Last week I visited the iheartengineering headquarters in Brooklyn and was surprised to find that they have managed to build a rapidly expanding business around the print-on-demand model and unique product designs. Besides their abundant creativity, the heart of their business is a first generation MakerBot 3D printer that manufactures parts as orders come in the door (or over the internet).
It's not unusual for them to keep the printer running for hours, and sometimes days, at a time when orders peak. They've developed some special techniques for producing large parts with some unique fill patterns that I will post more about later.
Most important, the work, and the business model, that iheartengineering is pioneering convinced me that all the buzz about 3D printing generating a rebirth of manufacturing and creativity in the U.S. is much more than just hype. It is a practical and achievable goal, one that may soon be a reality for a growing number of start-ups.
The 'barrier to entry' is fairly low, and the capital required to fund a start-up is definitely in the 4-5 digit range. MakerBot Industries, the company that triggered the 3D printing movement by commercializing technology that had its roots in Rep-Rap, seems swamped by the demand for their printers. Their online store currently only lists the MakerBot Replicator 3D Printer, priced at $1,749 and with a 10-12 week lead-time.
Of course $1,749 isn't a trivial chunk of change, especially considering the fact that the original MakerBot printers sold for roughly half that price. Still, if a start-up can project selling a reasonable volume of parts produced on the MakerBot, it makes perfect sense. The folks at iheartengineering reported that the cost of their Makerbot was recovered in less than 6 months based purely on sales of a single one of their designs.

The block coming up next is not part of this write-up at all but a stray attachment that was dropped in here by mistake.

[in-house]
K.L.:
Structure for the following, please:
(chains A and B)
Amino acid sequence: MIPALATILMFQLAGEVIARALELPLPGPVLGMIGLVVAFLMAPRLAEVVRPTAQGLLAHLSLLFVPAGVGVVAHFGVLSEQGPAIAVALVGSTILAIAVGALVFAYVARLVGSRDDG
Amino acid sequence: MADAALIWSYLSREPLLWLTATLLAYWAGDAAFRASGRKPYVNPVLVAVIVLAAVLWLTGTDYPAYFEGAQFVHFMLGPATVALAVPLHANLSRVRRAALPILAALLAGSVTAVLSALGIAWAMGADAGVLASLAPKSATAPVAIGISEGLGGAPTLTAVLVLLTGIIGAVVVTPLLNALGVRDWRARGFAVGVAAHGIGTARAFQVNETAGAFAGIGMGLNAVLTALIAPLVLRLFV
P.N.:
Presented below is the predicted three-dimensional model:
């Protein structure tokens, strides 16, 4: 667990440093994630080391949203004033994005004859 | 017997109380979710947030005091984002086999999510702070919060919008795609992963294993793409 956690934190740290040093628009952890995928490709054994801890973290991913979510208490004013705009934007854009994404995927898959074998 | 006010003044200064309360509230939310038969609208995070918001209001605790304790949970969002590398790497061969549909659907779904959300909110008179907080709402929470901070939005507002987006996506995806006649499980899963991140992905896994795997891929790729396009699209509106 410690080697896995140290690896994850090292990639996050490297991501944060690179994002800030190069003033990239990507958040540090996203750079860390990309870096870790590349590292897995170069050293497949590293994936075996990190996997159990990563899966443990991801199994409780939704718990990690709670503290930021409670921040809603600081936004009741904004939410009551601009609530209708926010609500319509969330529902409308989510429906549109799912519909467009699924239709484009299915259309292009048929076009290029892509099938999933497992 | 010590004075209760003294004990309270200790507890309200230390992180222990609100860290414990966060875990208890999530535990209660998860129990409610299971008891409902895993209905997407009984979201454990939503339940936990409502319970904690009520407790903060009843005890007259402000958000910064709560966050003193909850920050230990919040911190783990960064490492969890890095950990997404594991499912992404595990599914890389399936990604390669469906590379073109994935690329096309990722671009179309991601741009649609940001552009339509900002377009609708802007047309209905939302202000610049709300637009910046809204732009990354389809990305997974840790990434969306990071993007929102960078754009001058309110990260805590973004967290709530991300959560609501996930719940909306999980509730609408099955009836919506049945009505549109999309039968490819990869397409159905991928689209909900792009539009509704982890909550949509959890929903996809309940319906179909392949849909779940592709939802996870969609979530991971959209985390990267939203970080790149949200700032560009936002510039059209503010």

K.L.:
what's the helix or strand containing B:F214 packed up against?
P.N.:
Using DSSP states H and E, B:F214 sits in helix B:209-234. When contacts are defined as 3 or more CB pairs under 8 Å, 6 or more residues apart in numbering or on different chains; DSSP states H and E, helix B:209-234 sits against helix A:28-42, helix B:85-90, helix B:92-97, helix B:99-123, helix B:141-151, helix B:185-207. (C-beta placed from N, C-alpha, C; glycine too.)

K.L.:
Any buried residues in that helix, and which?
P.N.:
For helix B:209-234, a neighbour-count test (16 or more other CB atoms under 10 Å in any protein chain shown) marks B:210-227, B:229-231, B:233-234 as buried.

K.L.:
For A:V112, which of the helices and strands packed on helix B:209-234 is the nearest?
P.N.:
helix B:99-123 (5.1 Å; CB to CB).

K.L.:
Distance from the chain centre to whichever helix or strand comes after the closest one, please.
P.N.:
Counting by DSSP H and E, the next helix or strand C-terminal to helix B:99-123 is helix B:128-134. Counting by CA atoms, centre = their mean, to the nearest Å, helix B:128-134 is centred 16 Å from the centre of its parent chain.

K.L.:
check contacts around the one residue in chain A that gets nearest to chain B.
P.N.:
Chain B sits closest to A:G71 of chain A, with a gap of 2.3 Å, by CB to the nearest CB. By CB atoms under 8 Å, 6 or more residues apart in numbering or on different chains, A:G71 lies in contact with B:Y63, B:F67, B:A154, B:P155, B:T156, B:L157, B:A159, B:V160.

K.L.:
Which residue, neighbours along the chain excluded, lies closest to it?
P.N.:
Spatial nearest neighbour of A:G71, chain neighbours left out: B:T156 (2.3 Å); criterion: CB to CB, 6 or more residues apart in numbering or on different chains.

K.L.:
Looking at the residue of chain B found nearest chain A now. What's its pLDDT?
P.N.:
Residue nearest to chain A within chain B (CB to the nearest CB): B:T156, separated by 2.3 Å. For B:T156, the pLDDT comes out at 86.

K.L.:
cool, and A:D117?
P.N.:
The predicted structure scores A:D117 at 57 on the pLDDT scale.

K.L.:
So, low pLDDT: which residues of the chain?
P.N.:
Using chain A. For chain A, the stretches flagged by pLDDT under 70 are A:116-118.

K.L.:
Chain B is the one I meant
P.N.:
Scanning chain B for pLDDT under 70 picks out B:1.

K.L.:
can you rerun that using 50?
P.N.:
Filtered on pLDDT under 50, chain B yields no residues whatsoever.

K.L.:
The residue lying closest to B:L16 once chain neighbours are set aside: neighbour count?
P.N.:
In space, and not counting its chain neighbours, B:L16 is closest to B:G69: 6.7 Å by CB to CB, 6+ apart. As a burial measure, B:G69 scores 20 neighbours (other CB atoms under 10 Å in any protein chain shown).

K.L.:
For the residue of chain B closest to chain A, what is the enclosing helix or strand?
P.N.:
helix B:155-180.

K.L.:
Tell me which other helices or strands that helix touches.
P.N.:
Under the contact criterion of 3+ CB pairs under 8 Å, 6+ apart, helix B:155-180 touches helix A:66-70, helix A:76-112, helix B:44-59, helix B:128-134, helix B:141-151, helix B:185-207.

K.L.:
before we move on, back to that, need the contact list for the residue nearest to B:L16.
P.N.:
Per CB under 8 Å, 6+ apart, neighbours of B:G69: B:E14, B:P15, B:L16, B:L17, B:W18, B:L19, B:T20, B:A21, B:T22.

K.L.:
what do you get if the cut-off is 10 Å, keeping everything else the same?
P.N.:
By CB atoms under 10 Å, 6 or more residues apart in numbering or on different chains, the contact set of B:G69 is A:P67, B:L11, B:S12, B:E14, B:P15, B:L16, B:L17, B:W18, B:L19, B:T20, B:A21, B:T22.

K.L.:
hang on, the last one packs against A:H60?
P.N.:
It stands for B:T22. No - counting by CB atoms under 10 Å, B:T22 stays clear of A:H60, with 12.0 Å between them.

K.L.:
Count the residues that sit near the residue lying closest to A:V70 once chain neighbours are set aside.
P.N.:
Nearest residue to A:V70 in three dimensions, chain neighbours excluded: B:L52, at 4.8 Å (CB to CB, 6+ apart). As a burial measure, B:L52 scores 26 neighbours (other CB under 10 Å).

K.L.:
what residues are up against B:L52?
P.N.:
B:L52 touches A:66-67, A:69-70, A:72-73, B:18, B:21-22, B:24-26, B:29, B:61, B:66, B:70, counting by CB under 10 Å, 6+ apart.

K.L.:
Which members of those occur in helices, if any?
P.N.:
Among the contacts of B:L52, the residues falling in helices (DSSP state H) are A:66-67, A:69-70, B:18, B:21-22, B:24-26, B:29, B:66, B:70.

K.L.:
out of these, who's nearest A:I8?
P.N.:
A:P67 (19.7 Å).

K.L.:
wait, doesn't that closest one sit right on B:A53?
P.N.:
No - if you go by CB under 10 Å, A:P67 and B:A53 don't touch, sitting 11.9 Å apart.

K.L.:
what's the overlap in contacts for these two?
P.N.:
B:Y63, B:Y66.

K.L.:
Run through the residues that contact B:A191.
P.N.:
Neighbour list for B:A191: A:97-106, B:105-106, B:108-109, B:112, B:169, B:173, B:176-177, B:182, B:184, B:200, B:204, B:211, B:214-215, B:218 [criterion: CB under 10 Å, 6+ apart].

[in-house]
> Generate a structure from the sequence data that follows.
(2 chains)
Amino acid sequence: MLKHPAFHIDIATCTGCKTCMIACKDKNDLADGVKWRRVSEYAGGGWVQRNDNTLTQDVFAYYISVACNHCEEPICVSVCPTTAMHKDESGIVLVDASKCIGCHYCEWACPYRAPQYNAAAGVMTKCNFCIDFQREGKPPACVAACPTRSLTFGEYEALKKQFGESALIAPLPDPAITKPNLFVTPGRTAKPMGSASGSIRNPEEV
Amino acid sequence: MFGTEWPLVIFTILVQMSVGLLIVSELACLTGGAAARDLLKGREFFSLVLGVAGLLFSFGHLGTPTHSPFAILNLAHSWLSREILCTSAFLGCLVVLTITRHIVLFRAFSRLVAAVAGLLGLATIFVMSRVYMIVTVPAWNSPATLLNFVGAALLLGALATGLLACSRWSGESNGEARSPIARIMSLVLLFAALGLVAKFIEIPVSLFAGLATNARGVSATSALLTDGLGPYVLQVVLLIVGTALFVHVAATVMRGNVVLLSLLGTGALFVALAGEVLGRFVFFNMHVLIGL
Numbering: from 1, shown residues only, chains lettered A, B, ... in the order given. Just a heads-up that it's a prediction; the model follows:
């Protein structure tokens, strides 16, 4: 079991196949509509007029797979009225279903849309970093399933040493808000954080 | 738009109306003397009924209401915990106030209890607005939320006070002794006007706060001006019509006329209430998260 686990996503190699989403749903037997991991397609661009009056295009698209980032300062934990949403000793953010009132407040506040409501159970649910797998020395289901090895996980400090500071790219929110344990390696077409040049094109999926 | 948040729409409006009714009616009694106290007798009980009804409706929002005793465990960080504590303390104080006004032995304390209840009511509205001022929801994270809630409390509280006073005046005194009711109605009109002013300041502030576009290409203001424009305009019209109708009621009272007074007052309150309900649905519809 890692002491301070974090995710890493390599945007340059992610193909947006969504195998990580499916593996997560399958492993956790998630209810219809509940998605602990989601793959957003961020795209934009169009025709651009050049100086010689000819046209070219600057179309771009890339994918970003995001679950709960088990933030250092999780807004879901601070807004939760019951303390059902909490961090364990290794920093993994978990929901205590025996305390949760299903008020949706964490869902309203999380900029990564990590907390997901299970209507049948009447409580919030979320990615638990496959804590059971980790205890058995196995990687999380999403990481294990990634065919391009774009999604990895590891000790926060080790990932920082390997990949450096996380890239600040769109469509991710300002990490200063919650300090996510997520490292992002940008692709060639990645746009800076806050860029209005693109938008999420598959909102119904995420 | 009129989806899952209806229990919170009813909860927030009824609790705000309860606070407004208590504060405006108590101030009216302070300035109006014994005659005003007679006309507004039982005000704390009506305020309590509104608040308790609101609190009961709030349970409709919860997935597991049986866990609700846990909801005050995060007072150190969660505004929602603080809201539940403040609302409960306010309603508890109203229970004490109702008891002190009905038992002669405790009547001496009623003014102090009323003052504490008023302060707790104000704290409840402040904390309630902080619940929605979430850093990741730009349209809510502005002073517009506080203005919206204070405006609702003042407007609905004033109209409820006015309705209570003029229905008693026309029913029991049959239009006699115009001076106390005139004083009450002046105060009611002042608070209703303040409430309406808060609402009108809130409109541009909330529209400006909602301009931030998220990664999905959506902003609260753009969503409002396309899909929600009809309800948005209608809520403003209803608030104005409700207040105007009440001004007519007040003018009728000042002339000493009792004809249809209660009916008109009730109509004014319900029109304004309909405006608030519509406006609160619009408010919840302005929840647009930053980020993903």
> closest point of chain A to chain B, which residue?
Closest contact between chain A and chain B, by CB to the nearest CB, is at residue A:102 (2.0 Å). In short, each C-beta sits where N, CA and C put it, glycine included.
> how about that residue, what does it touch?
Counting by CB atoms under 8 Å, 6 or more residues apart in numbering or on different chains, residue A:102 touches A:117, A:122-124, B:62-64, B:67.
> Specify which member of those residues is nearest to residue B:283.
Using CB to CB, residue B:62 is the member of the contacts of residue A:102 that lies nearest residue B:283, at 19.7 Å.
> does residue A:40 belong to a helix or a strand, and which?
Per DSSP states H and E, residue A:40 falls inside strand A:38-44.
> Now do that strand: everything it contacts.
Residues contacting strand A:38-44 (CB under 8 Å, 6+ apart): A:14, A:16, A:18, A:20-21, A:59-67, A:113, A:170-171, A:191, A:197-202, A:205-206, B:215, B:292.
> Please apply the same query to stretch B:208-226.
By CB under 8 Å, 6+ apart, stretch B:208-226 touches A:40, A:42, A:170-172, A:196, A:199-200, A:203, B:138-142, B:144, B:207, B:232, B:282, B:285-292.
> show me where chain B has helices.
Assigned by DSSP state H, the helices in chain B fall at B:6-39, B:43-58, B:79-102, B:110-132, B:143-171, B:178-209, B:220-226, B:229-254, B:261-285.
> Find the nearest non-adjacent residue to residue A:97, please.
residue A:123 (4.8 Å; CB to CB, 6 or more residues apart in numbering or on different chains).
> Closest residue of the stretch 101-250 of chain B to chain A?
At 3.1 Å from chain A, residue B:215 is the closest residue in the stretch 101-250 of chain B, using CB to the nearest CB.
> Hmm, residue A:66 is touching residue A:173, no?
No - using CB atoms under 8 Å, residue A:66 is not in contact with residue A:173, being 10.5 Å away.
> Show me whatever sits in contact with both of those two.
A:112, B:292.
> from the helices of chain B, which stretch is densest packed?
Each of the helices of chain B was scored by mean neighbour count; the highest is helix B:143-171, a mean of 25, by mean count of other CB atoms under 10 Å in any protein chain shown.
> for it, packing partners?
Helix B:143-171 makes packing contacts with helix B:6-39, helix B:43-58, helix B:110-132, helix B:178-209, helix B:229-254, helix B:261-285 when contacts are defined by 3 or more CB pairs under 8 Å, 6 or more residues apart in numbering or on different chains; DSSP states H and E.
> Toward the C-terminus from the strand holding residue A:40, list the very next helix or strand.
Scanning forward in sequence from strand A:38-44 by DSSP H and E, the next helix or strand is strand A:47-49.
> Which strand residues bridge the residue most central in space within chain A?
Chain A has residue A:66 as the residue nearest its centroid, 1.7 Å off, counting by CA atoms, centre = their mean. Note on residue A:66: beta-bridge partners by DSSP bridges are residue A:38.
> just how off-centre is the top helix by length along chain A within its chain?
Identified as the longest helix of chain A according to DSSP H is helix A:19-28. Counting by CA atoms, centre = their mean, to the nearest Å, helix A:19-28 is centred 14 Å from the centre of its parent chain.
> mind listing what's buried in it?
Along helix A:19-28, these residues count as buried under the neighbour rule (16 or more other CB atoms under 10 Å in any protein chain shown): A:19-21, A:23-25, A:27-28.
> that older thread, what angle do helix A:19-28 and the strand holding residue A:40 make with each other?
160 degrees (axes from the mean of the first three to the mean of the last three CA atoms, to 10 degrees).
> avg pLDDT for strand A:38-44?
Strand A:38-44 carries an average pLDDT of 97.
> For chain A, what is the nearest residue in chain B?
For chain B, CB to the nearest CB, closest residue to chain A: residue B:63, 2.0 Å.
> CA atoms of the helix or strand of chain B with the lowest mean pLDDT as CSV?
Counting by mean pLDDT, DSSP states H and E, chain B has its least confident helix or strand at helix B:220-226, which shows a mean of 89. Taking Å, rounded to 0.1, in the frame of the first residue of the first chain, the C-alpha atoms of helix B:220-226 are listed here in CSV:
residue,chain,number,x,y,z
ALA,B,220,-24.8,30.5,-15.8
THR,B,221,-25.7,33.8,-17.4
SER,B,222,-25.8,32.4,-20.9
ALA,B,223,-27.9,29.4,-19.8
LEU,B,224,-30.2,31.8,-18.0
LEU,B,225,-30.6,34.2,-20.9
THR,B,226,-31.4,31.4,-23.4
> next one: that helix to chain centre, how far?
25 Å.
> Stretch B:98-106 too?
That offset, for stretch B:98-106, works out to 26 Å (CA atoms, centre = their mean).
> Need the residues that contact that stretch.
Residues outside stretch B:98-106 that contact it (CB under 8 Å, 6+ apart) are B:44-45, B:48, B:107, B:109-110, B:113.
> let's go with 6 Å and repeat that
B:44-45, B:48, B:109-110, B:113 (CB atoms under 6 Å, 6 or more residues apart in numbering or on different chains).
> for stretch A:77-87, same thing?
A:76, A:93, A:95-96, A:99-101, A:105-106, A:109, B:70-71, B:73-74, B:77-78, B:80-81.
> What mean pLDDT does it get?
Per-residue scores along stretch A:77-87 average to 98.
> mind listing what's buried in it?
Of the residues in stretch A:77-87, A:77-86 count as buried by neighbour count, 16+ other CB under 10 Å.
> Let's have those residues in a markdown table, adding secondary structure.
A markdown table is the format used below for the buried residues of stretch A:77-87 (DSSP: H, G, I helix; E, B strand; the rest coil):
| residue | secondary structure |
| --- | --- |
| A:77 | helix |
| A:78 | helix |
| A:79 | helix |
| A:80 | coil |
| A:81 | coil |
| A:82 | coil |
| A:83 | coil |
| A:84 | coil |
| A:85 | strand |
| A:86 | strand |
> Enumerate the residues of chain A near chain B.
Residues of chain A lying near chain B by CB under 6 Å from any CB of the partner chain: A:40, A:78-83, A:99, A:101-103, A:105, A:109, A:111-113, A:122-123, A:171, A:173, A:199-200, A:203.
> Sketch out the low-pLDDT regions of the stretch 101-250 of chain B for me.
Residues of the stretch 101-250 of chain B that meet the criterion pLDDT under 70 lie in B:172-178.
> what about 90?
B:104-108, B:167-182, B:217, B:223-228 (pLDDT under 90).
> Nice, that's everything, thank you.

While MakerBot Industries seems to be headed way up market, improving the performance (and cost) of their 3D printers, other printer start-ups have appeared on the scene touting new printers at surprising lower price points.
The most recent one to catch my attention is the Solidoodle 2. Sold only as pre-assemblied units, the Solidoodle performance and part resolution seems to compare very favorably with the pre-Replicator MakerBot offerings. While it may not matter much to hobbyists or hackers, the Solidoodle optional case and door give it a professional appearance that is noticeably lacking in the MakerBot laser-cut plywood frames. And, the Solidoodle printer sells for about one third of the Replicator cost.
Of course, I have to wonder how many of the new 3D printer companies will be around a few years into the future. Most of the technology is open-source software and hardware. Customer support is going to be extremely demanding, especially as customers struggle to get up to speed creating and printing their designs. And the cash flow required to feed the market demand can rapidly exceed a start-up's ability to fund.
Who will be the winners, the survivors in the 3D printer game? It's impossible to tell at this point. Even well funded and highly visible companies like MakerBot are going to face extreme challenges as the market matures.
Thankfully for 3D printer customers the future doesn't hold as much risk as it does for the printer manufacturers. As long as they keep their designs, and their business models, fairly generic, it should be straight forward to switch printer platforms with a minimum of hassle and disruption to the business.
In that regard, it might make more sense to source cheaper 3D printers from several sources rather than putting all of their eggs in a single basket with a higher performance but more costly printer.